Scotland's First Minister says a fresh independence referendum Bill will be put out for consultation next week.
Also leader of the Scottish National Party, Nicola Sturgeon confirmed today consultation would begin next week on the plans for the second Scottish independence referendum.
She said it was part of her strategy to ensure Scotland's voice was heard in the negotiations to take the United Kingdom out of the European Union.
She said there is no rational case for Brexit, and no authority for it in Scotland where voters overwhelmingly voted 'No' in the referendum on leaving, by 62 percent to 38 percent, while the UK as a whole backed leaving by 52 percent to 48 percent.
Scotland also voted 'No' in the 2014 referendum on quitting the UK, rejecting the first independence referendum by 55 percent, but politicians thought the outcome might be different if leaving the UK meant staying in the EU.
Ms Sturgeon told the party's Glasgow conference that an Independence Referendum Bill would be published next week, marking the first step in holding a second vote.
She said Scotland had the right to choose a different path if it was not allowed to protect its interests "within the UK".
"I am determined that Scotland will have the ability to reconsider the question of independence and to do so before the UK leaves the EU - if that is necessary to protect our country's interests," she said.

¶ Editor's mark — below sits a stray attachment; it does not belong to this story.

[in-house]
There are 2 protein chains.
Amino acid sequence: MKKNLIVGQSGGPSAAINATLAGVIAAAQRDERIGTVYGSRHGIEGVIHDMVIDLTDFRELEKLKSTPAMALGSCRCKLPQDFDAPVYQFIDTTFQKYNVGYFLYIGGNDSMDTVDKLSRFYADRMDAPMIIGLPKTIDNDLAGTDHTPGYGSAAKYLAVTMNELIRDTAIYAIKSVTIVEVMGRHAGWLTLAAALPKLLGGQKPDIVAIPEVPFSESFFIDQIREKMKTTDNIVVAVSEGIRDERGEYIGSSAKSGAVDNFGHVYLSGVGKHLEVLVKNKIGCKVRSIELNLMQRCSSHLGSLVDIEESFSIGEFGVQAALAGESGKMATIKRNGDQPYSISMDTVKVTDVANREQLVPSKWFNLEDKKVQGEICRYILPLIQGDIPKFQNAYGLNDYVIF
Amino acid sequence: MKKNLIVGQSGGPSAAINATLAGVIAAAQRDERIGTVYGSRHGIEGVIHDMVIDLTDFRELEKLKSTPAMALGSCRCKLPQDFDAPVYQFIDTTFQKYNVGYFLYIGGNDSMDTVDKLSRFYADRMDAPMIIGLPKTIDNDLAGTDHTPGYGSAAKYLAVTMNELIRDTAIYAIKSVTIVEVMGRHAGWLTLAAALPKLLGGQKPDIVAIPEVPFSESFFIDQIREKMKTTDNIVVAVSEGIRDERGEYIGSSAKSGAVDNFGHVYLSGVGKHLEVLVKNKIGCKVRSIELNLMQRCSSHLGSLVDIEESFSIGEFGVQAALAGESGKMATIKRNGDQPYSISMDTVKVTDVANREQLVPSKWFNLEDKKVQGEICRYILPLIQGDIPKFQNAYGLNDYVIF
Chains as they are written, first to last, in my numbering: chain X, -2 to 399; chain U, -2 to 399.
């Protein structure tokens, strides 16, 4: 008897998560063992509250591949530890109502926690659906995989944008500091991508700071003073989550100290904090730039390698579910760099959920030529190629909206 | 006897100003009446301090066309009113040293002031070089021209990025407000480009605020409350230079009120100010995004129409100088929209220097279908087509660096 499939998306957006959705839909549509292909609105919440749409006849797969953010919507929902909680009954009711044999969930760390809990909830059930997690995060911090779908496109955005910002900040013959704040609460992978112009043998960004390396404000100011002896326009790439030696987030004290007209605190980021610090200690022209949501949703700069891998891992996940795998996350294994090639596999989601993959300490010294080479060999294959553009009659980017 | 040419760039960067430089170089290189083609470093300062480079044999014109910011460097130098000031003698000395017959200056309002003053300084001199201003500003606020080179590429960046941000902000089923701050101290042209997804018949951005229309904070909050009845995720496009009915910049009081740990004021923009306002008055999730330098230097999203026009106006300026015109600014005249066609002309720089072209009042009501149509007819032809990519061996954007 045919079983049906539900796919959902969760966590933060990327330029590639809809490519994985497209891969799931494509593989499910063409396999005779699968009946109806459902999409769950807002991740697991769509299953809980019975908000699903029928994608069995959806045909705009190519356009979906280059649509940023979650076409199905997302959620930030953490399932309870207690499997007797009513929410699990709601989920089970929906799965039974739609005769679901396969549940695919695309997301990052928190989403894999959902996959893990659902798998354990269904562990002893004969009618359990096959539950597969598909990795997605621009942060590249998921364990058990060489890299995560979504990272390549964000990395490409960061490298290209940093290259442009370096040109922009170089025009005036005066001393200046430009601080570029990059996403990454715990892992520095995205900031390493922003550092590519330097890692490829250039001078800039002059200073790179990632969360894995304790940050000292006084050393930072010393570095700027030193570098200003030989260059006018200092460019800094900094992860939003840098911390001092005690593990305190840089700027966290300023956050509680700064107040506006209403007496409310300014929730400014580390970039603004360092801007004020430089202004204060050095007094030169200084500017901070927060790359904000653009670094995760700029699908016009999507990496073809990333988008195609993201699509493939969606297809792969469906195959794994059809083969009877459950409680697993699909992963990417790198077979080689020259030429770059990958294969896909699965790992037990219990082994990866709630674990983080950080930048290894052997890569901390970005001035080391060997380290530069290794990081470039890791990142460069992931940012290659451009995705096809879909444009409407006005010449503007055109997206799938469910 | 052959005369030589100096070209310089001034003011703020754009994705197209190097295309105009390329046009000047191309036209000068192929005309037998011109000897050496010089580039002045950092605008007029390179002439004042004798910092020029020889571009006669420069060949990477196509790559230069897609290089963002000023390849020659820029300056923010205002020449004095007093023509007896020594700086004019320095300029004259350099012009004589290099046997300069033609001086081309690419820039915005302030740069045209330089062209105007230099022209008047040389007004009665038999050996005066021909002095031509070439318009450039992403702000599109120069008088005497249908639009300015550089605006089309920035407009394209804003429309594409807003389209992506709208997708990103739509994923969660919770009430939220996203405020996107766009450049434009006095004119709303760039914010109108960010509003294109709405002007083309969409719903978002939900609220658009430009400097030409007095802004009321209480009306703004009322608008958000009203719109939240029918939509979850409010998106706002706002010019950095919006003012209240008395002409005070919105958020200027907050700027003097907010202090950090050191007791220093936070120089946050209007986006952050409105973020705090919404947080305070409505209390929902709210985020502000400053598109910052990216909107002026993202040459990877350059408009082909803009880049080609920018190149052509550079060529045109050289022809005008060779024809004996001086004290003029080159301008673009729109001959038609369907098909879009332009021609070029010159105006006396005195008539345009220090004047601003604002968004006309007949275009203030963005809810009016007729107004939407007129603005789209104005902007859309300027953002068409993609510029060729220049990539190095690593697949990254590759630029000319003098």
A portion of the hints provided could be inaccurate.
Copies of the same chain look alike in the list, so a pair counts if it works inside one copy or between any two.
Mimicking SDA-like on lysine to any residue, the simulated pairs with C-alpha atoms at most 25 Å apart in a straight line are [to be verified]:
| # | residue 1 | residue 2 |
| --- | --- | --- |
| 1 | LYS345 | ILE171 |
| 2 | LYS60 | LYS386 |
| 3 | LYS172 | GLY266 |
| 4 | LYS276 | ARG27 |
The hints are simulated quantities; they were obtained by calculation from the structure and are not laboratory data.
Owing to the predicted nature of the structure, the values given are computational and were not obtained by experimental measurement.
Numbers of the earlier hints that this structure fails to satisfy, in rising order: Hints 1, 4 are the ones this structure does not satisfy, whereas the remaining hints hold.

However, Scottish Secretary David Mundell called on Ms Sturgeon to "commit her government to working constructively with the UK government to seize the opportunities that will bring, not taking Scotland back to the divisive constitutional debates of the past".
"Constant talk of another independence referendum is creating uncertainty and damaging the Scottish economy at a time when our growth is lagging behind the UK as a whole," he said.
Ms Sturgeon's opening address also saw her issue a warning that the right wing of the Tory party was seeking to "hijack" the EU referendum result.
She told the 3000 delegates gathered that the Tories were using the result as a "licence for xenophobia".
She also confirmed that SNP MPs would oppose Brexit legislation when it comes before the House of Commons in 2017.
I can confirm today that SNP MPs will vote against the Brexit Bill when it comes before the House of Commons next year.
"That bill will repeal the legislation that enacted our EU membership. Scotland didn't vote for that and so neither will our MPs.
"But we will also work to persuade others - Labour, Liberals and moderate Tories - to join us in a coalition against a hard Brexit: not just for Scotland, but for the whole UK.
"The Conservative Party manifesto, on which Theresa May and all other Tory MPs were elected said this: 'We are clear about what we want from Europe. We say: yes to the Single Market'.
"The prime minister may have a mandate to take England and Wales out of the EU but she has no mandate whatsoever to remove any part of the UK from the single market."
Responding to Ms Sturgeon's address, the prime minister's spokeswoman said she was "absolutely committed to engaging with the people of Scotland, with understanding their interests and making sure that as we go through the process of negotiating the UK's exit, we do what's in the interest of the UK".